Fact-Checking the New York Times
The paper misleads on racial preferences.

Justice Sandra Day O’Connor in 2003


The Supreme Court’s decision Tuesday to grant review in Fisher v. University of Texas, a case challenging that school’s use of racial and ethnic preferences in undergraduate admissions, got front-page, next-day treatment in the New York Times. Unfortunately, the article is misleading in some important ways. No surprise: The mainstream media’s efforts to pressure the justices are under way.

The article begins with a suggestion (repeated later on) that the Court is somehow reneging on a promise that it would allow racial preferences to remain in place for 25 years. Here it is, less than nine years into that deal, and those pesky justices are back.

What Justice O’Connor wrote, in her 2003 opinion upholding law-school admissions preferences in Grutter v. Bollinger, was: “We expect that 25 years from now, the use of racial preferences will no longer be necessary.” So 25 years was just the outer limit. More than a third of that time has now passed, and it makes sense for the justices to see how things are progressing. After all, it would be most imprudent for the Court to turn a blind eye to what schools are doing for the full 25 years and then discover — well, what do you know? — that schools are still giving race an automatic weight. The Center for Equal Opportunity’s studies in fact show this to be the case, and it has already happened once before, in the 25 years between the Court’s Bakke decision in 1978 (which forbade the use of outright quotas) and the 2003 University of Michigan cases. There are good arguments that, even if the Court does not overturn Grutter, what the University of Texas is doing is in violation of it.

What’s more, the legal and demographic landscapes are constantly changing; and the empirical case for diversity’s “educational benefits” has been significantly weakened by recent studies. In particular, new data showing the mismatching of individuals and schools — i.e., demonstrating that students are accepted to schools that are too demanding for them because of affirmative action — make clear that African-American and Latino students are themselves among the casualties of racial preferences.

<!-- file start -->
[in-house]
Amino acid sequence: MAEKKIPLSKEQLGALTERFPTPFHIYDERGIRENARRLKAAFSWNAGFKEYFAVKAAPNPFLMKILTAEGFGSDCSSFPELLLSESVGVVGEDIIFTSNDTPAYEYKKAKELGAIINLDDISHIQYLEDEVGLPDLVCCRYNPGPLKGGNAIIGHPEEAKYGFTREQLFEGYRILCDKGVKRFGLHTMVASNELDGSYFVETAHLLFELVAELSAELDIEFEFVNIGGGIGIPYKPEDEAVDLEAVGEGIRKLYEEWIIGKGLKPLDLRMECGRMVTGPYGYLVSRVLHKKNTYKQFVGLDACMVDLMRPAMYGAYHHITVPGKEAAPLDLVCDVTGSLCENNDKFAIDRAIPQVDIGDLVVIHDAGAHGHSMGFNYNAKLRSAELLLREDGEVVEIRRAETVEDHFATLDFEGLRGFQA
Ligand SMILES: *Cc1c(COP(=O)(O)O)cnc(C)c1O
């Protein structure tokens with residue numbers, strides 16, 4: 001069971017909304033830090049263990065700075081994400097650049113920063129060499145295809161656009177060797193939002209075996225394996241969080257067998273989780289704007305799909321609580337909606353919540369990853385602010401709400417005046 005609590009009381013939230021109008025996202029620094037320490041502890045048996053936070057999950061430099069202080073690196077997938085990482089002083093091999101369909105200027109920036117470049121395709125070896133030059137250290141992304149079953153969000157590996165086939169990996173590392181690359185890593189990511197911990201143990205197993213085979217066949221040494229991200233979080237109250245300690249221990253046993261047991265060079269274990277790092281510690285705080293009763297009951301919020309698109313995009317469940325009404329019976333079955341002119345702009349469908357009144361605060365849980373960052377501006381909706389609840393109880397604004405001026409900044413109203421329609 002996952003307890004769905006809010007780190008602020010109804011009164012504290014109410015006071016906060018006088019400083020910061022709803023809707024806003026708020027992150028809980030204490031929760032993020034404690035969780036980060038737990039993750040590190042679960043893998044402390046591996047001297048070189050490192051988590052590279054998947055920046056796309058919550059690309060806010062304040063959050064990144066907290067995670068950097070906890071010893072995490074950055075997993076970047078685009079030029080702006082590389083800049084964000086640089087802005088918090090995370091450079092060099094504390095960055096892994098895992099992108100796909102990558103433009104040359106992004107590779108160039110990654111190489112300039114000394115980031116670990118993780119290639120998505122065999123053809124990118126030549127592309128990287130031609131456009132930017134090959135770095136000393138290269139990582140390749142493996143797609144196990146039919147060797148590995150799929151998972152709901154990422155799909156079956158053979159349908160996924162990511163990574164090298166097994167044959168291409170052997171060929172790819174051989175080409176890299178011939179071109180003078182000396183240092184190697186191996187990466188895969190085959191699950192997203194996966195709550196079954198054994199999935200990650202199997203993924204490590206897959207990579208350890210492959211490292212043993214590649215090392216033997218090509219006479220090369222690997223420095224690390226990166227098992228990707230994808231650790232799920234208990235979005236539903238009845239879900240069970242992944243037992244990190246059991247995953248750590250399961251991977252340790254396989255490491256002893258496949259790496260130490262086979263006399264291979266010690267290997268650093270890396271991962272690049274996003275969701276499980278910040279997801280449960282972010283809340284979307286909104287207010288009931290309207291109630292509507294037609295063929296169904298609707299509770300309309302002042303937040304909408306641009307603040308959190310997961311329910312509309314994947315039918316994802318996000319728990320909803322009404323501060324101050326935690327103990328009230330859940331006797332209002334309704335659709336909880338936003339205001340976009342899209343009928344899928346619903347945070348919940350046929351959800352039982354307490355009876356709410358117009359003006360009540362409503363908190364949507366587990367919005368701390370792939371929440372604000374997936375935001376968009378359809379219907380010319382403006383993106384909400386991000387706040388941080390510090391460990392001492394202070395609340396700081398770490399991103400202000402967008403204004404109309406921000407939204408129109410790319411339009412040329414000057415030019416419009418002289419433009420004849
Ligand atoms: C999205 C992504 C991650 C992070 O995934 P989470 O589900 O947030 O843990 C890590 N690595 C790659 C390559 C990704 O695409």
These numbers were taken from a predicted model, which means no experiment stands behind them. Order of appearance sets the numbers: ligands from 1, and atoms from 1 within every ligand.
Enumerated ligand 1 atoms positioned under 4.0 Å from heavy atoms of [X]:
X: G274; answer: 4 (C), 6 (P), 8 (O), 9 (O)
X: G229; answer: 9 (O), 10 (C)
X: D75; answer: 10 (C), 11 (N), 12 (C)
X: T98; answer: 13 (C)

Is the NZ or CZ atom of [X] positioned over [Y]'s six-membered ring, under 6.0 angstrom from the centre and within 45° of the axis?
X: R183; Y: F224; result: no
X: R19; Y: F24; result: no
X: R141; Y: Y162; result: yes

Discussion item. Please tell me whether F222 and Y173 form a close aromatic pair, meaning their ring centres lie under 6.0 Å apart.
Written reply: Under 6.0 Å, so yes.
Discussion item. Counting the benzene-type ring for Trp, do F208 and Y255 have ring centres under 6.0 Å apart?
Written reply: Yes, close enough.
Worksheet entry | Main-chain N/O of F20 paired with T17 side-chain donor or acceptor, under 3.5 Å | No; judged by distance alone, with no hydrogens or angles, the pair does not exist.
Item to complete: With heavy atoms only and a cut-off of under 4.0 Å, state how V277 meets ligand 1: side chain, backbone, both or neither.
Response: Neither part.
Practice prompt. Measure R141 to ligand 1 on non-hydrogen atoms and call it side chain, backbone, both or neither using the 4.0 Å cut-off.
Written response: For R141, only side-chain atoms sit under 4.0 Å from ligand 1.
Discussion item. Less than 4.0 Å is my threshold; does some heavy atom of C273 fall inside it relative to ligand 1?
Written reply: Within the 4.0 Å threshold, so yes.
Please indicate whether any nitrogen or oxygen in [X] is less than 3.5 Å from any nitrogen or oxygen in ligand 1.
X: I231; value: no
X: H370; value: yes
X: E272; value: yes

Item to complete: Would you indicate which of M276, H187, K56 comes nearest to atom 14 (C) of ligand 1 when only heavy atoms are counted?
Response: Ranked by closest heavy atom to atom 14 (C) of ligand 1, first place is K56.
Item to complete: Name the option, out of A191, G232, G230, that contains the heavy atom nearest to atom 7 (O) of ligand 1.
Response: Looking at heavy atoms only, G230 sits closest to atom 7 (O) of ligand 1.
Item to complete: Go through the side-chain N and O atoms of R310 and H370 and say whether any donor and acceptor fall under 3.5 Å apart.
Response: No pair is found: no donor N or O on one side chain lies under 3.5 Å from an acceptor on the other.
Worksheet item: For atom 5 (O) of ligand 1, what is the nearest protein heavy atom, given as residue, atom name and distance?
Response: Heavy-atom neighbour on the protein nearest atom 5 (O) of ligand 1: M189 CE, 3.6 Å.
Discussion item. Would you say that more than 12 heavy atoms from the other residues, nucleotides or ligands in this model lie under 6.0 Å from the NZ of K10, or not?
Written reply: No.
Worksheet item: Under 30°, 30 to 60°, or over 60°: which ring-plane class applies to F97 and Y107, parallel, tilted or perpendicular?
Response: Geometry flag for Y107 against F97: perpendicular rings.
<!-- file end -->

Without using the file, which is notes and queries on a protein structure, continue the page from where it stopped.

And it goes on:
Finally, it was very odd in the first place for Justice O’Connor to say that a constitutional right to be free from racial discrimination would be held temporarily in abeyance.

The article states that the Court’s action “thrust affirmative action back into the public and political discourse after years in which it had mostly faded from view.” The issue is later described as “long dormant.”

Where to begin? The issue was the subject of recent ballot initiatives in Michigan (2006), Nebraska (2008), Colorado (2008), and Arizona (2010), in addition to being on the ballot this year in Oklahoma and being banned by a New Hampshire statute that became effective at the beginning of 2012. A major federal contracting affirmative-action program was struck down in 2008 by the Federal Circuit in Washington, D.C.; employment preferences were the underlying issue in the New Haven firefighters case before the Supreme Court in 2009; affirmative action in redistricting (i.e., racial gerrymandering) is a recurrent issue administratively and in the courts all over the country. And those are just a few examples.

The Times would have the justices believe that everyone was happy, and now here comes the Supreme Court, getting everyone all riled up. Nonsense. Americans have not made peace with racial discrimination, and they never will. Even the Times itself acknowledges, in the accompanying article discussed below, that the issue has remained “at the boiling point” at “dozens of universities across the nation.”